Ahead of the start of their ‘Soft Energy’ Aotearoa tour, Lily West, one-third of the critically acclaimed Mermaidens trio, chats all things lockdown, ‘Soft Energy’ and the Auckland gig scene.
I’ve caught you in a pretty busy period, off the back of a big summer of festivals like RNV as well as your own Mermgrown shows, and right before the kick off of your national ‘Soft Energy’ tour! You were supposed to launch with a show in Palmy today too. I’m sorry to hear it’s cancelled because of COVID restrictions… how are you feeling amongst all of it?
Yeah, I’m a bit sad to not have a show today. We just love doing stuff, so when things can’t go ahead, we’re always gutted. I loved being so busy over summer, and I really, really enjoy touring. There’s always a bit of ants in your pants when you’re not out and actually doing things.
Yeah, the harsh transition is pretty jarring, I’m guessing especially so after the Pōneke Mermgrown festival.
Mermgrown was so much fun. I am the most nervous and pessimistic of the group so I was very nervous about things going wrong, but it went so well! We have such an incredible team and it was such a nice day. We really loved hosting other acts too.
I’ve been tuning into your last album Look Me In The Eyes this week, and I almost feel like it’s been expressing my nervous, yet hopeful lockdown emotions. Obviously that album was released pre-pandemic times, but has the meaning and sound of the album shifted in the time that has passed?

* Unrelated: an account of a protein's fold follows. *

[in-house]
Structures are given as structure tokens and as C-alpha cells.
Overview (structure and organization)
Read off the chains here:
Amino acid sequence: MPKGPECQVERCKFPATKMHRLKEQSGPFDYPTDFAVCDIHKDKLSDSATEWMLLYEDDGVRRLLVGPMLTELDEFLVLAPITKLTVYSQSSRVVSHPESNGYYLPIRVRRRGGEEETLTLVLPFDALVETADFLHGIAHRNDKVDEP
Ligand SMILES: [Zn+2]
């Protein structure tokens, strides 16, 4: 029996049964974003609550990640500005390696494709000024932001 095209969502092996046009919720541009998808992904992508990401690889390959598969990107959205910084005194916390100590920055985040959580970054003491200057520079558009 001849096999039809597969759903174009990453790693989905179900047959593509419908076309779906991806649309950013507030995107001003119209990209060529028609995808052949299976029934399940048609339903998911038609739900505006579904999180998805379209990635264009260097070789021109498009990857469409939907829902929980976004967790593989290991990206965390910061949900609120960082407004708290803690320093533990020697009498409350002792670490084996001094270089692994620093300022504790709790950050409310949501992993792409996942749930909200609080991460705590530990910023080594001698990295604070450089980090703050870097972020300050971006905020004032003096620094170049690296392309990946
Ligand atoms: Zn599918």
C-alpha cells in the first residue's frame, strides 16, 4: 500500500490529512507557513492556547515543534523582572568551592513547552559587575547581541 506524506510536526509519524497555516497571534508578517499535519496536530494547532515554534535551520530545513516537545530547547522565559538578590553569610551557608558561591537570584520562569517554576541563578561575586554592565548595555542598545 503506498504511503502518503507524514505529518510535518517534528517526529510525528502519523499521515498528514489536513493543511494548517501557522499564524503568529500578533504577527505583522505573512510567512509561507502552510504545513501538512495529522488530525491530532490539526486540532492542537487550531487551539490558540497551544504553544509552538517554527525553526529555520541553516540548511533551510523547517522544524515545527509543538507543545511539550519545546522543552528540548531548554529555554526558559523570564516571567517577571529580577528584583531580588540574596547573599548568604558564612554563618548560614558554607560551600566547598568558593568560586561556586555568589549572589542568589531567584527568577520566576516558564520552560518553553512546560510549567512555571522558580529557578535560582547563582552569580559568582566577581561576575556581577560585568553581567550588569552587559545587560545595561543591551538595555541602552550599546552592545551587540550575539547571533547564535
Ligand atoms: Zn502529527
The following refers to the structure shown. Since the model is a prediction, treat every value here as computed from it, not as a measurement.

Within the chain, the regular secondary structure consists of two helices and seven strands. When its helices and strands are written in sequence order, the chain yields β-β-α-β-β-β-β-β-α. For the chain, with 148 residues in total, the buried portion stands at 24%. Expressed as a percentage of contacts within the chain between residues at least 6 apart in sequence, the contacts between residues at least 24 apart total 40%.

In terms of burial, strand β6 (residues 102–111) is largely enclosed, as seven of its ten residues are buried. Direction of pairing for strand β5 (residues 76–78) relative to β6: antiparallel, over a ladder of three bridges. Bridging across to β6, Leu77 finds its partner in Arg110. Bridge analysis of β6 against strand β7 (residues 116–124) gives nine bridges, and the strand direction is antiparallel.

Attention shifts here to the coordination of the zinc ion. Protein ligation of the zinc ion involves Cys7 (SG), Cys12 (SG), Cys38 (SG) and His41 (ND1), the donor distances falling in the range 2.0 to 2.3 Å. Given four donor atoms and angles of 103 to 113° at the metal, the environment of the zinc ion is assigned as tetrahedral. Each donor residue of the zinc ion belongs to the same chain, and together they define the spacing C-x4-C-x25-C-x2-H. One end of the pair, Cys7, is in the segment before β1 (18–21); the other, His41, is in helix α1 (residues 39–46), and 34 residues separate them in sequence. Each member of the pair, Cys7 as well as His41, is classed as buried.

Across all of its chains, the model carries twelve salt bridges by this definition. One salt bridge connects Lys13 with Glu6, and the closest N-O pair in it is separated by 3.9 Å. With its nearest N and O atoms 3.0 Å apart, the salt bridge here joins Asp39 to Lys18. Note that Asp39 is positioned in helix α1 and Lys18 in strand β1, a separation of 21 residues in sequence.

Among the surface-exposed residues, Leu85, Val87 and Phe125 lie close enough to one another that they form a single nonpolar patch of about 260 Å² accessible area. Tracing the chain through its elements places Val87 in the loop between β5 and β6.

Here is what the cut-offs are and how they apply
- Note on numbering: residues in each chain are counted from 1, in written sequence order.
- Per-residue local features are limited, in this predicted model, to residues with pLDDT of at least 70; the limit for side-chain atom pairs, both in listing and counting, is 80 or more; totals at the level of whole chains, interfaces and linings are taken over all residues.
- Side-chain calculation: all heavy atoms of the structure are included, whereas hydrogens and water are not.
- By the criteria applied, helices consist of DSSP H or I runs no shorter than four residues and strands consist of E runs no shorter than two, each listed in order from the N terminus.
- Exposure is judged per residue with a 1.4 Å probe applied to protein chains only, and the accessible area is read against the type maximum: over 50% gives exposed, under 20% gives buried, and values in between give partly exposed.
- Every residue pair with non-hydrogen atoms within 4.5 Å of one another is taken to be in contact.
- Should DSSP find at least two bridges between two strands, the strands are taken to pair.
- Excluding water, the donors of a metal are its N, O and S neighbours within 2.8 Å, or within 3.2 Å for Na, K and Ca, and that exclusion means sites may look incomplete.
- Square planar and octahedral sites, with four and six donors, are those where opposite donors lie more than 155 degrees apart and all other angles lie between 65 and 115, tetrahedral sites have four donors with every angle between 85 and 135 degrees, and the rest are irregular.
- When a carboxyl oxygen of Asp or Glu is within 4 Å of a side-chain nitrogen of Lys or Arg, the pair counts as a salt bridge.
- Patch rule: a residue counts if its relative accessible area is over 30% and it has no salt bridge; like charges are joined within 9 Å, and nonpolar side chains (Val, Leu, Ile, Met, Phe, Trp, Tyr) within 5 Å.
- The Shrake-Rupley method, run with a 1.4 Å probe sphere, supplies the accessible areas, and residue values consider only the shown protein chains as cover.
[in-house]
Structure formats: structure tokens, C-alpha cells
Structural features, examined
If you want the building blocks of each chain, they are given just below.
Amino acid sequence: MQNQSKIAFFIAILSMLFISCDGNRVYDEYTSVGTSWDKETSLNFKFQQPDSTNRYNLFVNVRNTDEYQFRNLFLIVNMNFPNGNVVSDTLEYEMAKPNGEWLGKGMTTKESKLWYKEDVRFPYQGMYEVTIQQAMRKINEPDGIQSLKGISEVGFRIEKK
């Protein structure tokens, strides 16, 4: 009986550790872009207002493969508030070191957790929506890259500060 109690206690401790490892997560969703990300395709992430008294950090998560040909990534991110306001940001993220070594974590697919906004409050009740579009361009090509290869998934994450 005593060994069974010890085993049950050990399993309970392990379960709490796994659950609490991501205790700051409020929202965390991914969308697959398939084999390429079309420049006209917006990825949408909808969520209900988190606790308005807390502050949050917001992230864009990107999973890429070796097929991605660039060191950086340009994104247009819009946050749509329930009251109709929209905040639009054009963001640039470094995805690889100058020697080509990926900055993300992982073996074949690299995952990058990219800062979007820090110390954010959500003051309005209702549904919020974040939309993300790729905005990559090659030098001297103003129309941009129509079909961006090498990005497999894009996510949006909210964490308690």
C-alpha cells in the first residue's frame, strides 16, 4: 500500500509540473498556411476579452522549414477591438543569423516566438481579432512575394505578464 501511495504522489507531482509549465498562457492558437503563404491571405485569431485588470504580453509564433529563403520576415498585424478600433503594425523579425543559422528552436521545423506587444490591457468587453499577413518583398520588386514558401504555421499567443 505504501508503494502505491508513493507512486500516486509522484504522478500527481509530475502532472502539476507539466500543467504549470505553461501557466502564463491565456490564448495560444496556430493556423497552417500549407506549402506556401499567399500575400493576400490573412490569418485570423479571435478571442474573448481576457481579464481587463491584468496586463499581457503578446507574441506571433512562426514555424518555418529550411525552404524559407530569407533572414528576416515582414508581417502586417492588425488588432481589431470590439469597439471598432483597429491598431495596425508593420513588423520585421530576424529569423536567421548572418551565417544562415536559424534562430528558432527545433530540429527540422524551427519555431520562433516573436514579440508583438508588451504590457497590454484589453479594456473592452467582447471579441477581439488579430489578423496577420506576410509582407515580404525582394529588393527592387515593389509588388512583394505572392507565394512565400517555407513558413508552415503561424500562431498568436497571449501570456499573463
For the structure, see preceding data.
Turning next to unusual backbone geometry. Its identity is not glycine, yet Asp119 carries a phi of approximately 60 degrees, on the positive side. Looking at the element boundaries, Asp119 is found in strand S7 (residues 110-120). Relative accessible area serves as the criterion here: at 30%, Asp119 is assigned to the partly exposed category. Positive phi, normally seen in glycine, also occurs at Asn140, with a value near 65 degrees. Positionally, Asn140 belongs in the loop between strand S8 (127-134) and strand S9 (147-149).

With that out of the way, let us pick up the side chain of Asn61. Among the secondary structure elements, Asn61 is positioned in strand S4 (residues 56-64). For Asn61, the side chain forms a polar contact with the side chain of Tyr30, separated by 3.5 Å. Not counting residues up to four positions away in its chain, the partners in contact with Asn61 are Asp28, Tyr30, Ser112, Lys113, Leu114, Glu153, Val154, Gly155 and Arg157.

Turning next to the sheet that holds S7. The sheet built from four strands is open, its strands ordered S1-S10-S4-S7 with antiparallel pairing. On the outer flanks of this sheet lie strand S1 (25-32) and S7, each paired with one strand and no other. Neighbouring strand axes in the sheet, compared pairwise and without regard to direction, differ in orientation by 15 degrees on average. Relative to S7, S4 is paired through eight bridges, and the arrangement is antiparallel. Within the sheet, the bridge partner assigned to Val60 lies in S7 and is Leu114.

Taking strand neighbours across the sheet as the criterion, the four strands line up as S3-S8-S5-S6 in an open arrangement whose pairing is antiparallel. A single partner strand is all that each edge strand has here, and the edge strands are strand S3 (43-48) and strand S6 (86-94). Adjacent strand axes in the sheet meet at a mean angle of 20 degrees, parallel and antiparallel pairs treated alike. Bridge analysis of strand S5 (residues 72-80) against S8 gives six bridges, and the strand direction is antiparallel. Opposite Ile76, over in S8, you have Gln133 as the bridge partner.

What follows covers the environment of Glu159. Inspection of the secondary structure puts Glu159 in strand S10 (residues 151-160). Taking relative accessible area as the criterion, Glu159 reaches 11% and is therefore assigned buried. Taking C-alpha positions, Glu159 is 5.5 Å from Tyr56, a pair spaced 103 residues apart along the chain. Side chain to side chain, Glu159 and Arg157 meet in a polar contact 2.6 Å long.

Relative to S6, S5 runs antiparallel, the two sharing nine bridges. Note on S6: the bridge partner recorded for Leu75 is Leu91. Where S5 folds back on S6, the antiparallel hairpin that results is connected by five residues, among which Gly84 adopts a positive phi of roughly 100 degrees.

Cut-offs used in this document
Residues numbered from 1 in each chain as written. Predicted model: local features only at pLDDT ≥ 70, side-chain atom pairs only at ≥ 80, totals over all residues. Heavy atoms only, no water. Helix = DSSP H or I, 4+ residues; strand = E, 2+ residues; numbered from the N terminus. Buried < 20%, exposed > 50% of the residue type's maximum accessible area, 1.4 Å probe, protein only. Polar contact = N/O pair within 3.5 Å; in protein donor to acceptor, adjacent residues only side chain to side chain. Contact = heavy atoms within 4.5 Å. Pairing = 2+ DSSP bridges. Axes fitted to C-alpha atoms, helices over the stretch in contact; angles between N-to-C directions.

Oh, I’m glad it’s been bringing you some hope. I honestly haven’t listened to that album in ages, but maybe I will after this. We still play a few of those songs live and do really enjoy that. I guess they do have a kind of optimism to them. The whole album is kind of positive and optimistic, coming away from earlier stuff that was all quite dark and moody, and fresh out of being grumpy teenagers. But I’ll give it a listen and have a think!
And in the time since that album, do you feel that the restrictions and lockdowns we faced have affected you guys musically and aesthetically? I watched the ‘Bastards’ video, which seems to be pretty dystopian and sci-fi…
Yeah, that Bastards video had already been made before COVID and then we released it, I think, during Level 3 or 4 last year. And it felt, because there’s literal coughing in it, very prescient. I guess since then, with the lockdowns, there’s been a lot more time to be introspective which is really cool for songwriting. There’s also more to worry about, and everyone’s a bit more anxious, which is kind of a fascinating social phenomenon. In terms of writing, we’re doing more by correspondence because Gussie lives in Auckland, so we have to work a bit harder on collaboration which has been a nice challenge. I’m quite an introvert so I’m not necessarily writing more about being at home alone because I already do that (laughs).
‘Soft Energy’ is fresh out today… It’s pretty 70s, really dreamy, quite a shift from the ‘Bastards’ video. Where do you feel like that came from aesthetically?